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To Dare and to Conquer: Special Operations and the Destiny of Nations, from Achilles to Al Qaeda

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In the tradition of Guns, Germs, and Steel, Leebaert tells the stories of small forces that have triumphed over vastly larger ones and changed the course of history -- from the Trojan Horse to Al Qaeda. Maps and charts.


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In the tradition of Guns, Germs, and Steel, Leebaert tells the stories of small forces that have triumphed over vastly larger ones and changed the course of history -- from the Trojan Horse to Al Qaeda. Maps and charts.

30 review for To Dare and to Conquer: Special Operations and the Destiny of Nations, from Achilles to Al Qaeda

  1. 4 out of 5

    Lily

    The book had many interesting facts and I personally enjoyed the earlier chapters. Eventually, the structure of the book became too predictable for me and at moments it felt more like a history class than an argument for the benefits of special ops. If you're planning on reading this for general knowledge, pick the time period you are most interested in, and read those parts instead. It will definitely enrich your facts and makes you see events in a different light. The book had many interesting facts and I personally enjoyed the earlier chapters. Eventually, the structure of the book became too predictable for me and at moments it felt more like a history class than an argument for the benefits of special ops. If you're planning on reading this for general knowledge, pick the time period you are most interested in, and read those parts instead. It will definitely enrich your facts and makes you see events in a different light.

  2. 5 out of 5

    Ensiform

    The author, a former Marine, a government consultant, and a professor at Georgetown, offers a dramatic thesis: that "special operations” – daring, small, commando missions led by people who think outside the box and not the massive thrusts of conventional armies – have repeatedly changed the course of human events. To prove this, Leebaert takes the reader on a fascinating tour of Western military history, from the siege of Troy through the 2003 invasion of Iraq. He not only chronicles military h The author, a former Marine, a government consultant, and a professor at Georgetown, offers a dramatic thesis: that "special operations” – daring, small, commando missions led by people who think outside the box and not the massive thrusts of conventional armies – have repeatedly changed the course of human events. To prove this, Leebaert takes the reader on a fascinating tour of Western military history, from the siege of Troy through the 2003 invasion of Iraq. He not only chronicles military history but also provides readers with a political, diplomatic, technical and cultural tide of events; taken together, this rush of facts, states, empires and timelines constitutes nothing less than a (sometimes overwhelming) overview of Western civilization over 600 pages. (There’s no Sun Tzu, Genghis Khan or Tamerlane, and little on Soviet forces.) The reader is introduced to Ulysses and Gideon, Alexander the Great (and his undreamt of scaling of a mountain pass guarded by Oxyartes) and the Roman Empire, of course, but also meets the Carolingians, the Byzantines, the Crusaders, the Huguenots, Joan of Arc, Cortez, Pizarro (recast as special operators) and the pirates of the Caribbean. After more than 250 pages, we arrive at the American Revolution, Napoleon Bonaparte, the Civil War and, by around page 450, World War II. This shows admirable sweep; Leebaert spends almost as much time putting the conflicts in context as he does describing the special operations themselves. (I found myself wishing I could read a whole chapter about a mad brave escapade that Leebaert devotes a few lines or a paragraph to, but the author, and the sweep of history, moves remorselessly on.) Within the context of each era, he offers nuggets of fascinating, bold, decisive actions, from taking down castles to robbing Spanish gold under false flags to Nazis landing gliders on Eben Emael, all of which attest not only to soldiers’ ingenuity and daring but also to the value of the unexpected in military operations. Finally, Leebaert concludes with a dry, understated, but nevertheless scathing attack on the self-professed experts and armchair generals of the futile Iraq invasion. Leebaert uses his dozens of examples to assert that a few men with imagination, self-sufficiency, a knowledge of psyops, guile, a lay of the land, stealth, speed, unpredictability, imagination, a willingness to divert from the rule book, and clever use of the fear factor can change the history of the world (one prominent example is the assassination of Pearl Harbor raid architect Isoroku Yamamoto). However, he has some impressive (and depressing) things to say about the track record of special ops when intelligence agencies are not properly aligned, when control is disputed, when patience and language training and planning are tossed out in favor of flooding the market with commandos. While it’s clear from the book that special ops are no panacea, the lessons it preaches on the subject – that cowboy diplomacy, brutal tactics, and imperial arrogance are counter-effective and antithetical to the special ops philosophy – are worth hearing.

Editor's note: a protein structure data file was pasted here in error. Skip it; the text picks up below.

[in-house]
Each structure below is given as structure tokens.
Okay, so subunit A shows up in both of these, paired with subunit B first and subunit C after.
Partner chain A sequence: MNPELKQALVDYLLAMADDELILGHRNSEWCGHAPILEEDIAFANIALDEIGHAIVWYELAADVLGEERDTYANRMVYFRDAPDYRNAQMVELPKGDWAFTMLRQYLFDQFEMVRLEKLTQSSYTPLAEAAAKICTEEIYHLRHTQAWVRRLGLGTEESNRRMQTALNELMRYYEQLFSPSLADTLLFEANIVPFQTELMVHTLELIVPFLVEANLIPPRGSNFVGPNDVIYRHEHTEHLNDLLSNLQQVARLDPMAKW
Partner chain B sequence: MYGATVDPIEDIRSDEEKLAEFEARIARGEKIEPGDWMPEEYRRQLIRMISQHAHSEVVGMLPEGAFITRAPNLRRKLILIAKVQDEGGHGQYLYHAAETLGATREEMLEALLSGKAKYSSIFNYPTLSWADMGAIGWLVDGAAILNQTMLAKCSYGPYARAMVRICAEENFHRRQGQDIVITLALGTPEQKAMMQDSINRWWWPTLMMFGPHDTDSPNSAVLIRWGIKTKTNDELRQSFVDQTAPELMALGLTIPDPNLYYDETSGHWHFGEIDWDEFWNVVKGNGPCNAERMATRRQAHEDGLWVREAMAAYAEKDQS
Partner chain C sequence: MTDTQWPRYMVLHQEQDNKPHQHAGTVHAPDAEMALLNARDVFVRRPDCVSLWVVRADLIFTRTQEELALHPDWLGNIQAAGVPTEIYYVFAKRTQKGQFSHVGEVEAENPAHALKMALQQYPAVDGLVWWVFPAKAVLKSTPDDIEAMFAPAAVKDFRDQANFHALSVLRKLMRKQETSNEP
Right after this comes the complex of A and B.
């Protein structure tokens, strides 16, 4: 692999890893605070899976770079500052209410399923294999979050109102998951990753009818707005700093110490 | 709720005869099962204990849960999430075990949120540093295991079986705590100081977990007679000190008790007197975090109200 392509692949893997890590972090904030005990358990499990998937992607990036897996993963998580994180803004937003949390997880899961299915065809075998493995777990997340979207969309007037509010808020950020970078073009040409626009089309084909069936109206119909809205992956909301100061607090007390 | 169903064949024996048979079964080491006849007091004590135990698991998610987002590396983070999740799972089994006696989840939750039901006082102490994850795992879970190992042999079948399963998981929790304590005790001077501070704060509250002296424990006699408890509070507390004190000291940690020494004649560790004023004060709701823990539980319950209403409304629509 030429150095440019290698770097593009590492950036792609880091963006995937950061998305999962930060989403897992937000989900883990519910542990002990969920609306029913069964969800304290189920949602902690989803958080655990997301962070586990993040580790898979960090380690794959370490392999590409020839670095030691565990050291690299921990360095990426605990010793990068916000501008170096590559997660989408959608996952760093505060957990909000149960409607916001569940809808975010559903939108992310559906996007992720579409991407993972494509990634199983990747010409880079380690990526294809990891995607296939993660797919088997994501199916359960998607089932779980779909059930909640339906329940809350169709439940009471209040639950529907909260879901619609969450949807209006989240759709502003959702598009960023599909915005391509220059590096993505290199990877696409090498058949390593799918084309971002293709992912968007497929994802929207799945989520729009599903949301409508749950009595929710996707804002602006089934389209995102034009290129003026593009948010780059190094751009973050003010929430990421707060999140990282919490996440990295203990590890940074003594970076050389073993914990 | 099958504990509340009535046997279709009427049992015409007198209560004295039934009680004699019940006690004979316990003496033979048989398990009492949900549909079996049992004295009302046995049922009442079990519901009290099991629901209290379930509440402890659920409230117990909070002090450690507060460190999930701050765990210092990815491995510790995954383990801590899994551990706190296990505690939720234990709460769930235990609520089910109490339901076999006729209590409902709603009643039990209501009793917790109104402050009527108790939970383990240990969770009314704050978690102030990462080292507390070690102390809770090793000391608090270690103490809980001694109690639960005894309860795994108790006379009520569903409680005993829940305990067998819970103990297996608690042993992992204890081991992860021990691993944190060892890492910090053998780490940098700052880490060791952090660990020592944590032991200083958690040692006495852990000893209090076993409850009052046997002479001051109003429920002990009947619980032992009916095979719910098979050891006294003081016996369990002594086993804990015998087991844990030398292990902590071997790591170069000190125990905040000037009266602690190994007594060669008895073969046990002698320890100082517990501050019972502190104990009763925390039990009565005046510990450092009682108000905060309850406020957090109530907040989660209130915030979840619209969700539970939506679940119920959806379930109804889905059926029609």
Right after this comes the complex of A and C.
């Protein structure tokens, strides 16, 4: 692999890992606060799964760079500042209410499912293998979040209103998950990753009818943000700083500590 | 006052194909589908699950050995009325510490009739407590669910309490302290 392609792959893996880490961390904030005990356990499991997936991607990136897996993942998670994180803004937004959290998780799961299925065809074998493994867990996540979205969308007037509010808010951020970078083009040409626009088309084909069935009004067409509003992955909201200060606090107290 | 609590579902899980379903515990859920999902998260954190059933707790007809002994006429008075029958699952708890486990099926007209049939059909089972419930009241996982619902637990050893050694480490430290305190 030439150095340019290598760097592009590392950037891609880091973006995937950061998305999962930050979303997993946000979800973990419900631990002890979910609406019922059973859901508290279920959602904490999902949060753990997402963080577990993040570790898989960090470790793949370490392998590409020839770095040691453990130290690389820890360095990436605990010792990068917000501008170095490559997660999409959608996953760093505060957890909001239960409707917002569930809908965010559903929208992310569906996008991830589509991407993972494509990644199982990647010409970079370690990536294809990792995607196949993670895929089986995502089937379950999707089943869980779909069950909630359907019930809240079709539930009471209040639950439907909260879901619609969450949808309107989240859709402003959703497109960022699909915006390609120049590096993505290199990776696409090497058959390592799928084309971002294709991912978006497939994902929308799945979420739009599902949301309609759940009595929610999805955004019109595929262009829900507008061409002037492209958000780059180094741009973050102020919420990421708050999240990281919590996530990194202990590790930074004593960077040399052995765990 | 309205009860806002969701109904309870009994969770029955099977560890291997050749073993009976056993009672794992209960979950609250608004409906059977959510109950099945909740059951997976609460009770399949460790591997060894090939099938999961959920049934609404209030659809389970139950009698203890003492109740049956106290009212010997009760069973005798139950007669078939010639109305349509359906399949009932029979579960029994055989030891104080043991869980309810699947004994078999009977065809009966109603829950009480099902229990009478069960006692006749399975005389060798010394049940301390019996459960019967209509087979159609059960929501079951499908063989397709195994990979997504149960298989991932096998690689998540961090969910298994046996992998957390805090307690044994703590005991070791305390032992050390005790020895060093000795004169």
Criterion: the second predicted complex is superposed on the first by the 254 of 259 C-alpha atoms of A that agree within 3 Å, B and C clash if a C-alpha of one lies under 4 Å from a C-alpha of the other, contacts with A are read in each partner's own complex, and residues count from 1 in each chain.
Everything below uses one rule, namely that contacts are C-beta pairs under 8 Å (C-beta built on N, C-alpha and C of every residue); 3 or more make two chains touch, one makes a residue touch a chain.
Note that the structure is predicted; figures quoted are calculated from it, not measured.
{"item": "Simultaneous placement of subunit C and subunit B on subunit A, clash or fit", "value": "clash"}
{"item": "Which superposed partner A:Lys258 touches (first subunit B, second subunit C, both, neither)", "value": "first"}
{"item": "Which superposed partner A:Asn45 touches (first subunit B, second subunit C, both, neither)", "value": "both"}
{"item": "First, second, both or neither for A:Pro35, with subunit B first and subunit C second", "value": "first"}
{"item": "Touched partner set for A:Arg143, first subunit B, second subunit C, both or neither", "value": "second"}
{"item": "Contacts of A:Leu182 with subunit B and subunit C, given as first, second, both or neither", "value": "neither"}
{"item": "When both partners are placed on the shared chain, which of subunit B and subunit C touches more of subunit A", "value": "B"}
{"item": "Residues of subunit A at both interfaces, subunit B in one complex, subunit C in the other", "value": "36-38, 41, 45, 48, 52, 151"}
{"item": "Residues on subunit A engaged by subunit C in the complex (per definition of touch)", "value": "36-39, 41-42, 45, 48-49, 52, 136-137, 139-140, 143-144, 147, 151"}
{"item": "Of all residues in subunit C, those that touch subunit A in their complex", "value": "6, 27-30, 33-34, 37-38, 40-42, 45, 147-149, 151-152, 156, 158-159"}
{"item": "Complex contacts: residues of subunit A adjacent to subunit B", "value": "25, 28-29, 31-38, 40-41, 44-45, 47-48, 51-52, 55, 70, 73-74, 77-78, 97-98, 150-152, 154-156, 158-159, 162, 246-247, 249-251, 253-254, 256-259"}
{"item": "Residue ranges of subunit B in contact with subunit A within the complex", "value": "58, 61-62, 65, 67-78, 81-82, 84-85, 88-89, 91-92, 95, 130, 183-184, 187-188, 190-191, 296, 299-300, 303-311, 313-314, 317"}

3. 4 out of 5

    Greg Heaney